3. Providing feedback that moves learners forward

4. Activating students as instructional resources for one another

5. Activating students as the owners of their own learning.


In my classroom, I use a mixture of teacher, peer and self assessment. To make this process both efficient and consistent, I use the feedback templates shown above. With the option to print onto post it notes, or onto coloured paper / cardboard - these feedback slips make providing feedback quick and easy. With enough practice, and a sound understanding of the learning intentions and success criteria, students as young as Year 2 are excellent peer and self-assessors! 

Like the look of my Feedback Post It Pack? Check it our HERE!

5. Personalised Learning Targets

When students understand where they are going, through learning intentions and success criteria, and how to get there, through effective and formative feedback, they then need to put it into action! Of course, this is easier said than done, given how much attention students usually pay to feedback. Without proper systems in place, feedback is rarely given more than a passing glance.

That is where my Learning Target Post Its come in. These templates go hand in hand with my Feedback Slips, and allow students to record personal targets that they are responsible for monitoring! When the chosen skill is demonstrated, students get a hole punch. Once shown 3 times, students and teachers do a happy dance, then choose another skill to target.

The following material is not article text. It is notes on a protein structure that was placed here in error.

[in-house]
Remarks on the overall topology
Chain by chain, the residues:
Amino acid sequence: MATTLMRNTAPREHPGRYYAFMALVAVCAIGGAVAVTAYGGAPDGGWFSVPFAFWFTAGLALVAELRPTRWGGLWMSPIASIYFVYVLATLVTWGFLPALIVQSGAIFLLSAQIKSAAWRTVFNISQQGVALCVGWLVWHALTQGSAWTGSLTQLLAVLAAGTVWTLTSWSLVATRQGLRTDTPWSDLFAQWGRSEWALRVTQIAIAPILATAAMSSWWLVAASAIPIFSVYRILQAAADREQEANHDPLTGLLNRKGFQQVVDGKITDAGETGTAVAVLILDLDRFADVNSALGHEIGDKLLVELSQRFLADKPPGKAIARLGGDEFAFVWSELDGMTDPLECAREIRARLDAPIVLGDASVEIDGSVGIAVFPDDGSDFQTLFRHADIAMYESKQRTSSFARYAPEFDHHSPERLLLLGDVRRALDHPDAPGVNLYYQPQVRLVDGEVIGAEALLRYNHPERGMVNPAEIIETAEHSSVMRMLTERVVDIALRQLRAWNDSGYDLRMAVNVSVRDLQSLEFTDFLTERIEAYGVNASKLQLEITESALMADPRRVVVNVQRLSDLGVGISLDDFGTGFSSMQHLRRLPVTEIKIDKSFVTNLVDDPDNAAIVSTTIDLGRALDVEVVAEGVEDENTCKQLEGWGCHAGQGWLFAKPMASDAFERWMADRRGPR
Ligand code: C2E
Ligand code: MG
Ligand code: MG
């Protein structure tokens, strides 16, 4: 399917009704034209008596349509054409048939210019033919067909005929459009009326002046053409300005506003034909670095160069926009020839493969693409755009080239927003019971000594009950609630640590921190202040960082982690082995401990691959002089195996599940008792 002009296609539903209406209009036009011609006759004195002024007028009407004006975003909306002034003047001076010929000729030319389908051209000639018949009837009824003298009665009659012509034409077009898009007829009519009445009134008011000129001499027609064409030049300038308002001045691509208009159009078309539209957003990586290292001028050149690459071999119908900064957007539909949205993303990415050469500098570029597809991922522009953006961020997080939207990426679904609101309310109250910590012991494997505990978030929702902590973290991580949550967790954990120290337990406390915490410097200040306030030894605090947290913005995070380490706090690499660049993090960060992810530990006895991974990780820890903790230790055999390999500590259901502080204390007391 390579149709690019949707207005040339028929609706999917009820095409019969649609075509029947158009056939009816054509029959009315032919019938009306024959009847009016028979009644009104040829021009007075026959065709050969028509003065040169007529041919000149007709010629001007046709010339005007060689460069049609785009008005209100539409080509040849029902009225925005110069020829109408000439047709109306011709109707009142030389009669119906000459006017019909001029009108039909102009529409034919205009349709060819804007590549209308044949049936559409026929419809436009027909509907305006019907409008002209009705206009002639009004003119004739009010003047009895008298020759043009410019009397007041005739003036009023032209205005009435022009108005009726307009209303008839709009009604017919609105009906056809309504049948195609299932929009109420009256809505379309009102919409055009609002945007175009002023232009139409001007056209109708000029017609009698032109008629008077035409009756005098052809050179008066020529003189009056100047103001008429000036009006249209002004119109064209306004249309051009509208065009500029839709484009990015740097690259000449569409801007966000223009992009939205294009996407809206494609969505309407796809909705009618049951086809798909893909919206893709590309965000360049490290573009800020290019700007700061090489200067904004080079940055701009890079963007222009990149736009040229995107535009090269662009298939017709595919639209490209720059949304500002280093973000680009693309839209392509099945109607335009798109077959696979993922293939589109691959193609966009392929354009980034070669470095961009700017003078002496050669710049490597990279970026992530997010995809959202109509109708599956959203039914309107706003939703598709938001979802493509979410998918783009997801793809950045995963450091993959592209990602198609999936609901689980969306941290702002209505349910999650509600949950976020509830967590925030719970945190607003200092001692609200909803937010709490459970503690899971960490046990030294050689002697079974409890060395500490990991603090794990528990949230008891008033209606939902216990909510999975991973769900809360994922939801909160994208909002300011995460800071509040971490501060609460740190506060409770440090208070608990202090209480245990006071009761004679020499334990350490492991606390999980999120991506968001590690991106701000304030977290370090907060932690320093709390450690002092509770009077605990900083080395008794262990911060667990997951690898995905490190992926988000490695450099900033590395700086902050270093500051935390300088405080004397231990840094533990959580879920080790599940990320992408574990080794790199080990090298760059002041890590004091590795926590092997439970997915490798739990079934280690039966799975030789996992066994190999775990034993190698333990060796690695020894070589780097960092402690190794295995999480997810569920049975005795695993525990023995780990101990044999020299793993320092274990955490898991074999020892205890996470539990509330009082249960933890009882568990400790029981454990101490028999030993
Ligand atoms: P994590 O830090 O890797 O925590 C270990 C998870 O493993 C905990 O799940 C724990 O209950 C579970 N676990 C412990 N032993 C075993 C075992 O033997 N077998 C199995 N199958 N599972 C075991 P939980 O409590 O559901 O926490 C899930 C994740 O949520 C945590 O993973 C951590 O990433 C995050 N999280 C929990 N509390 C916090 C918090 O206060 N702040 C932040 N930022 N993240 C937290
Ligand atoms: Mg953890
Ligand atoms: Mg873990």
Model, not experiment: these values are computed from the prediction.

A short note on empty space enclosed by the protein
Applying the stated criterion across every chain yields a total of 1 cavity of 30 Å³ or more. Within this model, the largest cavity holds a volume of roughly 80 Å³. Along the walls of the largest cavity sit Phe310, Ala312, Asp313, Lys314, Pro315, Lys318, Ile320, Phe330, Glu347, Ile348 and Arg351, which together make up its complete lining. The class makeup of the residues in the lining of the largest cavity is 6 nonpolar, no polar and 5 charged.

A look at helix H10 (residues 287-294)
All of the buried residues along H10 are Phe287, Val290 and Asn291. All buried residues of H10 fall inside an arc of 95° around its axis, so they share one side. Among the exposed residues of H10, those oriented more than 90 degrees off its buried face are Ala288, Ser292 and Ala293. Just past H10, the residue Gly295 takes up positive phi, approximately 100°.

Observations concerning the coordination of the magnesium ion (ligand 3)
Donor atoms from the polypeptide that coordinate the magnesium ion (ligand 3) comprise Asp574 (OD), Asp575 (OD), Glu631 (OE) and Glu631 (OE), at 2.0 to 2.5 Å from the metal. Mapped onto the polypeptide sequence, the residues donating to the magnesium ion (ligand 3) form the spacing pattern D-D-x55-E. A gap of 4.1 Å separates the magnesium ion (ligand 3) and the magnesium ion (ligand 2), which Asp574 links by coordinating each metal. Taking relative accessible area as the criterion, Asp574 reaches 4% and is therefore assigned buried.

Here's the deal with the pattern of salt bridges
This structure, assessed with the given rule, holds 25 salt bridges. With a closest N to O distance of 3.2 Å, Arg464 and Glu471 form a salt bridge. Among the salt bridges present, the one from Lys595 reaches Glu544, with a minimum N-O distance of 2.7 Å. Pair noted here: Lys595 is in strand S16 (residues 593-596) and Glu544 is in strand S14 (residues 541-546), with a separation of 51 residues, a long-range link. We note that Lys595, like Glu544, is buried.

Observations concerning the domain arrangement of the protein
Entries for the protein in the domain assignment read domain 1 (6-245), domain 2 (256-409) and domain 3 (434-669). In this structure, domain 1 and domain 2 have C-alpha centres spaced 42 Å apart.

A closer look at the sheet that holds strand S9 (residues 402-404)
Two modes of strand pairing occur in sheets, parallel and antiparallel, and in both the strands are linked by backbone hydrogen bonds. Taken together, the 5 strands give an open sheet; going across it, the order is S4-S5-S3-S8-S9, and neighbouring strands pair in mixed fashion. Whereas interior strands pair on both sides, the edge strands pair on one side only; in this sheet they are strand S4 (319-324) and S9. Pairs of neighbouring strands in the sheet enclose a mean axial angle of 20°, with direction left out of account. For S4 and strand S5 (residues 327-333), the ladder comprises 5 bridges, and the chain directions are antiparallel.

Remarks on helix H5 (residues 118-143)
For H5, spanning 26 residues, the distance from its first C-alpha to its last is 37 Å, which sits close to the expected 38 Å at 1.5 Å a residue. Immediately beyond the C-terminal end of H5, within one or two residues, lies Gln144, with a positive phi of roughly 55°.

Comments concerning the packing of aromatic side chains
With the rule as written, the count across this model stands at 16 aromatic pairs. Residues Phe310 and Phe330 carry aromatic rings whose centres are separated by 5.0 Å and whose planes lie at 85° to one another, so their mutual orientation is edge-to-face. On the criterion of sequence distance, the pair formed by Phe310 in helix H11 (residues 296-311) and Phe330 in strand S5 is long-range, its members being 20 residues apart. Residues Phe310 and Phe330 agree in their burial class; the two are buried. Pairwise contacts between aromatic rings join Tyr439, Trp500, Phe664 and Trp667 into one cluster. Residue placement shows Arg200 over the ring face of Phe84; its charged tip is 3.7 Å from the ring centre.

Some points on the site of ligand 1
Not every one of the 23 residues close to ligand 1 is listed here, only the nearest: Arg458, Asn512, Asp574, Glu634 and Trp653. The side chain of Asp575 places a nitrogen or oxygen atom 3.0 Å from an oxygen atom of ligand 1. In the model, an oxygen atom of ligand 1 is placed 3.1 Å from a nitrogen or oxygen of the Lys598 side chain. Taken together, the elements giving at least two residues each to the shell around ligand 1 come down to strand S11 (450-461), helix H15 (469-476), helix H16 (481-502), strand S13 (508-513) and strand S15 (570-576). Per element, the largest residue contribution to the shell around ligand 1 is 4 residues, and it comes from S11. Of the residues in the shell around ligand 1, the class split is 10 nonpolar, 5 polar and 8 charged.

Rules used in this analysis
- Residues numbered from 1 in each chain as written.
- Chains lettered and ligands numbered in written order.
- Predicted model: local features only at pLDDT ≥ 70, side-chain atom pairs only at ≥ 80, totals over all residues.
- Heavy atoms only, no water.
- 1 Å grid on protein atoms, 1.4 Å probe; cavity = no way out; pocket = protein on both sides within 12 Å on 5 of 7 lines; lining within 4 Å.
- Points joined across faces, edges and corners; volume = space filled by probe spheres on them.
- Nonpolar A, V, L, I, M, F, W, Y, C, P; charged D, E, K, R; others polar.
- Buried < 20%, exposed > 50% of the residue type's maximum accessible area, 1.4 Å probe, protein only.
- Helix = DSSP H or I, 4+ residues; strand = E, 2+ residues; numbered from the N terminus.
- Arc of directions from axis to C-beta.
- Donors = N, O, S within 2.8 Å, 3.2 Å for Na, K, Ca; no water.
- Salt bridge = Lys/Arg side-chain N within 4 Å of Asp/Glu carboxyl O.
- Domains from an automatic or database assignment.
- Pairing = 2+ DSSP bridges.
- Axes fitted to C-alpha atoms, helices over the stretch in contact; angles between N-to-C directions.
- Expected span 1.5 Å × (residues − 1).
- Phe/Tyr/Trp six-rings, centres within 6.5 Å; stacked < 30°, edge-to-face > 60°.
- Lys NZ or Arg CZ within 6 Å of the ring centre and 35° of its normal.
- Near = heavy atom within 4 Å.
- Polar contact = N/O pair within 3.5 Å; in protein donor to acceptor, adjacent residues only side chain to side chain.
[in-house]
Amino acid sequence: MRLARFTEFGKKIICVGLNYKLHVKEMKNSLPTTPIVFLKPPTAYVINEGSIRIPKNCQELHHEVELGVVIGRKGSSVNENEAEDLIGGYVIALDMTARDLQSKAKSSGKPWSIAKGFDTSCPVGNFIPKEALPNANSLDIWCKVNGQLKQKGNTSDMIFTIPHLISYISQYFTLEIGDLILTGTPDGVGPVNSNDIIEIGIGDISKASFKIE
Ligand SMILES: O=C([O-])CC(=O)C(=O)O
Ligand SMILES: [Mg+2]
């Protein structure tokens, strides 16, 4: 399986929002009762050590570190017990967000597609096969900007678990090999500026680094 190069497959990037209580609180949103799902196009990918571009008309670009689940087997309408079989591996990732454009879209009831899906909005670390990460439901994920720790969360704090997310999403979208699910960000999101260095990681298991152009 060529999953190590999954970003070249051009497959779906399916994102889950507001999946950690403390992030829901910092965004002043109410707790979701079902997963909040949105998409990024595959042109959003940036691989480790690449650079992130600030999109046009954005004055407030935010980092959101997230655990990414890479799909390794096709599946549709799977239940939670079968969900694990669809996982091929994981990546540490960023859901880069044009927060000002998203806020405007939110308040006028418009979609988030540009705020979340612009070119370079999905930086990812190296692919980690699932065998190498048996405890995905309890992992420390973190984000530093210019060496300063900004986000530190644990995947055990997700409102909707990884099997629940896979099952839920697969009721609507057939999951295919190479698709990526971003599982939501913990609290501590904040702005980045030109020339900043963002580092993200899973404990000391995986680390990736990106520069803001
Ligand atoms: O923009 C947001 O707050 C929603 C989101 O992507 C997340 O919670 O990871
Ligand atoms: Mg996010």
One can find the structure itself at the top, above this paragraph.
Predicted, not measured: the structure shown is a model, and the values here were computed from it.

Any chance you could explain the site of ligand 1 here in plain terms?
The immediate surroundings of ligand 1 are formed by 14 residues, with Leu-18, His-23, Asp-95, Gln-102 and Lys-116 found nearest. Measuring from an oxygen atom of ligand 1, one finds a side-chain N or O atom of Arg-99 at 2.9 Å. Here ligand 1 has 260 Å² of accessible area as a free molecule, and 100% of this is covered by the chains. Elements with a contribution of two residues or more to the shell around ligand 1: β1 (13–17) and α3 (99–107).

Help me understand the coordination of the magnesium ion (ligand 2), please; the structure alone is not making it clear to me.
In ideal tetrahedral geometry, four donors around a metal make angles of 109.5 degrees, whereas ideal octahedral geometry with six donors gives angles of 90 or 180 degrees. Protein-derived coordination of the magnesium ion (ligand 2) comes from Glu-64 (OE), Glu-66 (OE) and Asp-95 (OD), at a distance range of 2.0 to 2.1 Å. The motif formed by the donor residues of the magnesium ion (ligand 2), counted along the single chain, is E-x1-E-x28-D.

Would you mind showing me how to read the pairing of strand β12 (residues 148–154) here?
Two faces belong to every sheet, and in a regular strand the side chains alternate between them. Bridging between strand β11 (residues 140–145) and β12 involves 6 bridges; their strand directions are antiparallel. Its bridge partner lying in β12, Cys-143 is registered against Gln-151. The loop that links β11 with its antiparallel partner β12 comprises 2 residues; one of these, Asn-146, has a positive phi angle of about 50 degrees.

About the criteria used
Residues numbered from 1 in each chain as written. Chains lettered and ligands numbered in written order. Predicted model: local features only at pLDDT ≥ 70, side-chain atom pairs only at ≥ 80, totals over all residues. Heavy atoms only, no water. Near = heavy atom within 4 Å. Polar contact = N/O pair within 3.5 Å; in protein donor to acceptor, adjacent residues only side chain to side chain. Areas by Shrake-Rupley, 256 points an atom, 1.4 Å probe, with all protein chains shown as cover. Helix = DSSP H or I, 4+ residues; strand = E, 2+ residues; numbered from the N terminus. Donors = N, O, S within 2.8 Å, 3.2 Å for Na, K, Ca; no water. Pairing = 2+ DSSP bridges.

In establishing a personal target for each student and giving them a way to celebrate their success, students take much more responsibility for reading and acting on their feedback! 

For teachers, this visible learning strategy makes reflecting on and planning lessons much easier, as the targets clearly show where to next!

Want to use my Learning Targets in your classroom? You can find them HERE!

6. Pre and Post Assessments

One of the best ways to know thy impact is to not only formatively assess, but assess students before and after learning takes place. By comparing pre- and post-assessments, teachers will get a clear indication of impact.

While these forms of assessment are important, they are not beneficial to teachers or students when they take hours to complete and mark. 

I have worked hard to address this issue especially in maths, as topics tend to change frequently. Completing a lengthy pre-test on a Monday only to do it all again as a post-test on Friday is a waste of energy, not to mention learning time. That is why I created self-marking digital pre- and post-tests for every mathematics outcome in the Australian curriculum. They only take students around 10 minutes to complete, and better yet take me ZERO time to mark! I get a quick snapshot of student understanding and can put this data to use immediately. 

Like the look of these digital pre and post assessments? I have a set for Year 3, Year 4Year 5 and Year 6!


So there you have it, my 6 resources for making learning visible! As I continue in my pursuit to improve my practise, I will keep researching and making innovative resources to share with you! 

If you have any questions or suggestions, please do get in touch! 



Leave a comment

This site is protected by reCAPTCHA and the Google Privacy Policy and Terms of Service apply.

Easy & Instant Downloads

All resources purchased are emailed straight to your inbox for instant download.